“This wall is causing me a lot of pain. I’m trying to knock it down so it won’t hurt me anymore.”
Like this man, we often fail to realize that what’s causing our pain is not other people, things, or the situation we’re in, but the fact that we’re trying to change them. We tell ourselves nasty stories about what it means that things are this way; we imagine bad events that will occur because they are.
We bang our heads against the wall because it’s all we know to do.
On the other hand, when we stop trying to change things that are out of our control, they no longer have the power to hurt us in the same way. Granite walls stop being headaches and start to become….granite walls. And when we finally see things how they really are instead of how we want them to be, solutions begin to emerge on their own.
I am in no way saying that we should never take action for change. But paradoxically, we will become far more powerful if we can fully accept our powerlessness.
Here’s how to start:
Step 1: Acknowledge what you’re powerless over.
This can be harder than it sounds.
When I’m not sure whether I’m banging my head against a wall or simply being persistent, I use the Serenity Prayer: God, grant me the serenity to accept the things I cannot change, the courage to change the things I can, and the wisdom to know the difference.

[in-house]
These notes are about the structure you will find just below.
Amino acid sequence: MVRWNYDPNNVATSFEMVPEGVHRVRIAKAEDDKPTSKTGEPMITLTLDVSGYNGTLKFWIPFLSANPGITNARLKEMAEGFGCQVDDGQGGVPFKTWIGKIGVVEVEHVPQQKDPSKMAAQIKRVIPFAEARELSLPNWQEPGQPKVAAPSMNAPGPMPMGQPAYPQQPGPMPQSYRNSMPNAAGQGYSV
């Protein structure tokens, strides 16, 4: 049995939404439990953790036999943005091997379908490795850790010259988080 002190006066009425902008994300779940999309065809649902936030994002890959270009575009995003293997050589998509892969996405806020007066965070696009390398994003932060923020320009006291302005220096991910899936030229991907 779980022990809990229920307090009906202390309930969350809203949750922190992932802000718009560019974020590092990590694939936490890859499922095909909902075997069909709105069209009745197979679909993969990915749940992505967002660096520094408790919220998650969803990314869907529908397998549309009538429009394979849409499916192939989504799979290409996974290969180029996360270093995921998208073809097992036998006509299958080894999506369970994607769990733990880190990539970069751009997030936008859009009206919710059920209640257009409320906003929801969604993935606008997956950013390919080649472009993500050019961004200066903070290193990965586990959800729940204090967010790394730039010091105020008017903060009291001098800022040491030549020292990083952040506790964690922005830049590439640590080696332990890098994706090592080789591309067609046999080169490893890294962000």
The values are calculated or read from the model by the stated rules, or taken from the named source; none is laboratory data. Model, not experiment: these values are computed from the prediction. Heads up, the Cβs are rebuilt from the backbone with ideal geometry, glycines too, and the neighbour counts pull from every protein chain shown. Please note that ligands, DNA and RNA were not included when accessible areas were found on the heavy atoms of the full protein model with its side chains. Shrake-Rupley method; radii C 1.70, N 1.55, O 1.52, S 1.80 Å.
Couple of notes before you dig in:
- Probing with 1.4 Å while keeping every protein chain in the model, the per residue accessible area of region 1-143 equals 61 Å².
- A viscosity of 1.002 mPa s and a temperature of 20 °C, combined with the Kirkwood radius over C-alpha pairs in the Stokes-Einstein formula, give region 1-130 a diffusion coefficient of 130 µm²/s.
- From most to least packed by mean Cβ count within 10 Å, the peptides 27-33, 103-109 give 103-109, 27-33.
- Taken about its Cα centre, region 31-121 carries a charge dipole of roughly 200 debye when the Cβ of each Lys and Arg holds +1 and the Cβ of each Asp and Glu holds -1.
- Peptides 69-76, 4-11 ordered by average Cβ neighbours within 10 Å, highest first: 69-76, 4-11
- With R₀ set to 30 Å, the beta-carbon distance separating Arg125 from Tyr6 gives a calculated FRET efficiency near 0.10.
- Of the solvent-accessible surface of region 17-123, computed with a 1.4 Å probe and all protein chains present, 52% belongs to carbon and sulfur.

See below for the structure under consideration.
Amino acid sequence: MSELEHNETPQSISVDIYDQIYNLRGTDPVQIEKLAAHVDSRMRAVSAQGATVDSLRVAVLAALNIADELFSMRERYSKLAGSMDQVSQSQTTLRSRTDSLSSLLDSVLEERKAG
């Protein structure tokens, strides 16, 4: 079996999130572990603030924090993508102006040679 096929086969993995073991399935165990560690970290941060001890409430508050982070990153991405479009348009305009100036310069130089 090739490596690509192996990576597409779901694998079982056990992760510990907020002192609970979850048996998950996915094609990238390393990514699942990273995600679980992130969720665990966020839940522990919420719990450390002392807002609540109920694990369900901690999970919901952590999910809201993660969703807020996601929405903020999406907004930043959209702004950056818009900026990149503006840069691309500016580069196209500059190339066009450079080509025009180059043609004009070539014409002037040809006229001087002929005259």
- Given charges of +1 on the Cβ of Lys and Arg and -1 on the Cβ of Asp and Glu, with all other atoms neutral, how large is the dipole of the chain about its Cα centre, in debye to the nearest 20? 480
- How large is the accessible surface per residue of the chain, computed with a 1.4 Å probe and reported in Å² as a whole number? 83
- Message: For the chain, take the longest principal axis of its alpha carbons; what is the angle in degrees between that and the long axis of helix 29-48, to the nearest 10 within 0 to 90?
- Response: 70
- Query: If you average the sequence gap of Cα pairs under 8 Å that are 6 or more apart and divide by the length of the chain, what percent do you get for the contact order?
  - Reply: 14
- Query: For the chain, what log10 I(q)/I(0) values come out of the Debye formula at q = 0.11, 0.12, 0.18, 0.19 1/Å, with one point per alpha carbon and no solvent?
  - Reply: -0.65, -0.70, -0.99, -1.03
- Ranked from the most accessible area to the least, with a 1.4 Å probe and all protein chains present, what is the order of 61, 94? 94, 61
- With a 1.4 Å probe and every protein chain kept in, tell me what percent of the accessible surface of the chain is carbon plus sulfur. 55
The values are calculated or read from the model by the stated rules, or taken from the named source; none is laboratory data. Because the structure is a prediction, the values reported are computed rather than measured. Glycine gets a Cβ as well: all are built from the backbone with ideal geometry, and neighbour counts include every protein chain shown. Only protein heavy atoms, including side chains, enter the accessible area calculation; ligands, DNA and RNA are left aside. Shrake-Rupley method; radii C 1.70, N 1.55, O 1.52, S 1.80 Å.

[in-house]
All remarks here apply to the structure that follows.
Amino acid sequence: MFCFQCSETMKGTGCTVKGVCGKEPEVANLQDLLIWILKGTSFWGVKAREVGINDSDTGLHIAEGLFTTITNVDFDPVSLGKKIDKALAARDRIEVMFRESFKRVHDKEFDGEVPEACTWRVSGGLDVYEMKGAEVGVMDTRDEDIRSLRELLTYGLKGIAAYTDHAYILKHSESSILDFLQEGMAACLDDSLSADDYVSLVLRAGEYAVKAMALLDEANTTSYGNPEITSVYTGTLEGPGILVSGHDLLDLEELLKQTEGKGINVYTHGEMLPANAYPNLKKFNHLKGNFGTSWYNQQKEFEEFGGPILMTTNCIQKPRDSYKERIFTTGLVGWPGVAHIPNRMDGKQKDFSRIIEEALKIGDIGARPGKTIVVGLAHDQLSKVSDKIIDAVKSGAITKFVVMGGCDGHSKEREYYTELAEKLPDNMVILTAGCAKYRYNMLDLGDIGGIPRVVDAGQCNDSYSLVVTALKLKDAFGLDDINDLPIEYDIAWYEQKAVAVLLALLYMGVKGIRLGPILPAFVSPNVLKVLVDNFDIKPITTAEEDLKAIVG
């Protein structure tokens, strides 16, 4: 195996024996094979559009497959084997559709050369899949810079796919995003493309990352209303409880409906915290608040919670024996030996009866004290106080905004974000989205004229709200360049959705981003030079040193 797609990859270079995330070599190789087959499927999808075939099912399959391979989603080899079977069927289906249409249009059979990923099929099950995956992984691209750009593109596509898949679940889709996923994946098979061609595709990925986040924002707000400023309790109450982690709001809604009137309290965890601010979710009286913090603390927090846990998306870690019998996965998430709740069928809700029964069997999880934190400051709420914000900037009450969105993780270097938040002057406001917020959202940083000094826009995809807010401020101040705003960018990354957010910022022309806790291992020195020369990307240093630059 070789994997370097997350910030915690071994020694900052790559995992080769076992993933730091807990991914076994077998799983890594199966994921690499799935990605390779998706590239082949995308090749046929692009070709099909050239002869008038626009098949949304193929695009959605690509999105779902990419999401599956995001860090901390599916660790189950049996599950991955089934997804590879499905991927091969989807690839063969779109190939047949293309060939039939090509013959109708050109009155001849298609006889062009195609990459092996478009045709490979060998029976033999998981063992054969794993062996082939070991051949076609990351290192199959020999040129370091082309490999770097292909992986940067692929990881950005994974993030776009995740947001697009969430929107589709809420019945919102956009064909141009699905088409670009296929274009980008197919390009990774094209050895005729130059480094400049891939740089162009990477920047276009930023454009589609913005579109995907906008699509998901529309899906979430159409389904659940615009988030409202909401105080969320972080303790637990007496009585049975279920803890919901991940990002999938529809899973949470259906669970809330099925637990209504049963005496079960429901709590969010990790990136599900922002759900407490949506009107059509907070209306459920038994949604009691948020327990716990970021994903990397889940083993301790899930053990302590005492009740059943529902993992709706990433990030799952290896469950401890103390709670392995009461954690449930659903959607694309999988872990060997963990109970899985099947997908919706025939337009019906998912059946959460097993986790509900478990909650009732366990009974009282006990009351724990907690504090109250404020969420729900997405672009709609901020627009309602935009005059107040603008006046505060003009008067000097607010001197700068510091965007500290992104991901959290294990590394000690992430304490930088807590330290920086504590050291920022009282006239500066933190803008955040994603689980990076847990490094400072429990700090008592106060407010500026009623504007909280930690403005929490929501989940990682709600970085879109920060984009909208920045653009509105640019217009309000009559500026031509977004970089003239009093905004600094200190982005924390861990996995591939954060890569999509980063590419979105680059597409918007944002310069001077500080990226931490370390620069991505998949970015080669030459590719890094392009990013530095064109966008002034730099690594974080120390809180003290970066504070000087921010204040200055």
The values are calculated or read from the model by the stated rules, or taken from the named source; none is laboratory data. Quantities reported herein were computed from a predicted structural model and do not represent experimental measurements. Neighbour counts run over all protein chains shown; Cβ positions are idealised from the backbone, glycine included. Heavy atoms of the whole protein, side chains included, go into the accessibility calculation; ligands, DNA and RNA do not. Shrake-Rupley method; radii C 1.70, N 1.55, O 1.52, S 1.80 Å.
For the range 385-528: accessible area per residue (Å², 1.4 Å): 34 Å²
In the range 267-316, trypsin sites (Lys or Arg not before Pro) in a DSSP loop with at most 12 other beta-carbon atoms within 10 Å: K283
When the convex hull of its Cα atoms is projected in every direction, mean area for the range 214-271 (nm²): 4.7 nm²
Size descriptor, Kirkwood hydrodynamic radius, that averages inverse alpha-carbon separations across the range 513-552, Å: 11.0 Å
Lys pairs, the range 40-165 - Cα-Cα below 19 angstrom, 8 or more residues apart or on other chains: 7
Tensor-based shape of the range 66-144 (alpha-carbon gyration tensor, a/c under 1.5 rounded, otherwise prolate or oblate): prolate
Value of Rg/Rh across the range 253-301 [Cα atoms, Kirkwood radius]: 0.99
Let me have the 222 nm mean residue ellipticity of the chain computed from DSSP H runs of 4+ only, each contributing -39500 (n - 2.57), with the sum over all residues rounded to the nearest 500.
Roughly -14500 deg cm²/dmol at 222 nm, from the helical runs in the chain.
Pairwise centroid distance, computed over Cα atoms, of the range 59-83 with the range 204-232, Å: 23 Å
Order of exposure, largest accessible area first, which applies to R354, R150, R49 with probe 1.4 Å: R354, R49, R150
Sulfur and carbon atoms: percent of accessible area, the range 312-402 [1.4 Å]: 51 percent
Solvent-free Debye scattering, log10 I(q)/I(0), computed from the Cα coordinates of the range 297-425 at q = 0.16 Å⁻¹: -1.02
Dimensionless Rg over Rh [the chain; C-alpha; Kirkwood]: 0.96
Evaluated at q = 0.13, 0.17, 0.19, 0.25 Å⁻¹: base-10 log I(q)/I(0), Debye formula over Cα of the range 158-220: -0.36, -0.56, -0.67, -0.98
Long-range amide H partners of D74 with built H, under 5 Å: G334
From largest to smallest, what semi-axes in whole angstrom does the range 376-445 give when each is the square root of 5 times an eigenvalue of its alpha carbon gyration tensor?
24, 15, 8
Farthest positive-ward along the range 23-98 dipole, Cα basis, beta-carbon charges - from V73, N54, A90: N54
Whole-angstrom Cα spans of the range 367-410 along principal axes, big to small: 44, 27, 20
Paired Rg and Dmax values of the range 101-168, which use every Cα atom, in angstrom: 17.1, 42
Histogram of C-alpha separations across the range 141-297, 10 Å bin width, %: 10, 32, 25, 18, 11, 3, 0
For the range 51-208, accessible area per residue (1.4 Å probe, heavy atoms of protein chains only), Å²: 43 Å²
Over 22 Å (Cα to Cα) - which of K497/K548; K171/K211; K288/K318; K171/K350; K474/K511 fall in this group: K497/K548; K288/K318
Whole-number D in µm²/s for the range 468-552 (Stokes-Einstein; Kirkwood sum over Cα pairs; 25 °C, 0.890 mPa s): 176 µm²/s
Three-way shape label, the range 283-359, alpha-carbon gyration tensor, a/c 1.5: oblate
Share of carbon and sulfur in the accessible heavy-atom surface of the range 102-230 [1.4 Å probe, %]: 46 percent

That kind of wisdom can take years or decades to come by. Here’s a cheat sheet:
What you can control: Your choices and actions.
What you can’t control: Everything else.*
*Including but not limited to: everybody else’s thoughts, feelings, and behavior, and the outcomes of all your efforts.
Often we get it backwards: we spend so much time trying to influence others and the external world that we forget to focus on what we have the most power over: ourselves and our own choices.
- You can work incredibly hard on a project, but you can’t control whether you get a promotion.
- You can be as loving as possible to a friend, but you can’t stop them from getting angry with you.
- You can make a clear and reasonable request to someone else, but you are powerless over how they respond.
If you’re still in doubt, check in with how you’re feeling. Usually if you’re taking care of something within your power, there is a sense of strength, ease, and groundedness. If your efforts make you feel more along the lines of exhausted, angry, or anxious, then it’s likely you’re pushing on something over which you have no jurisdiction.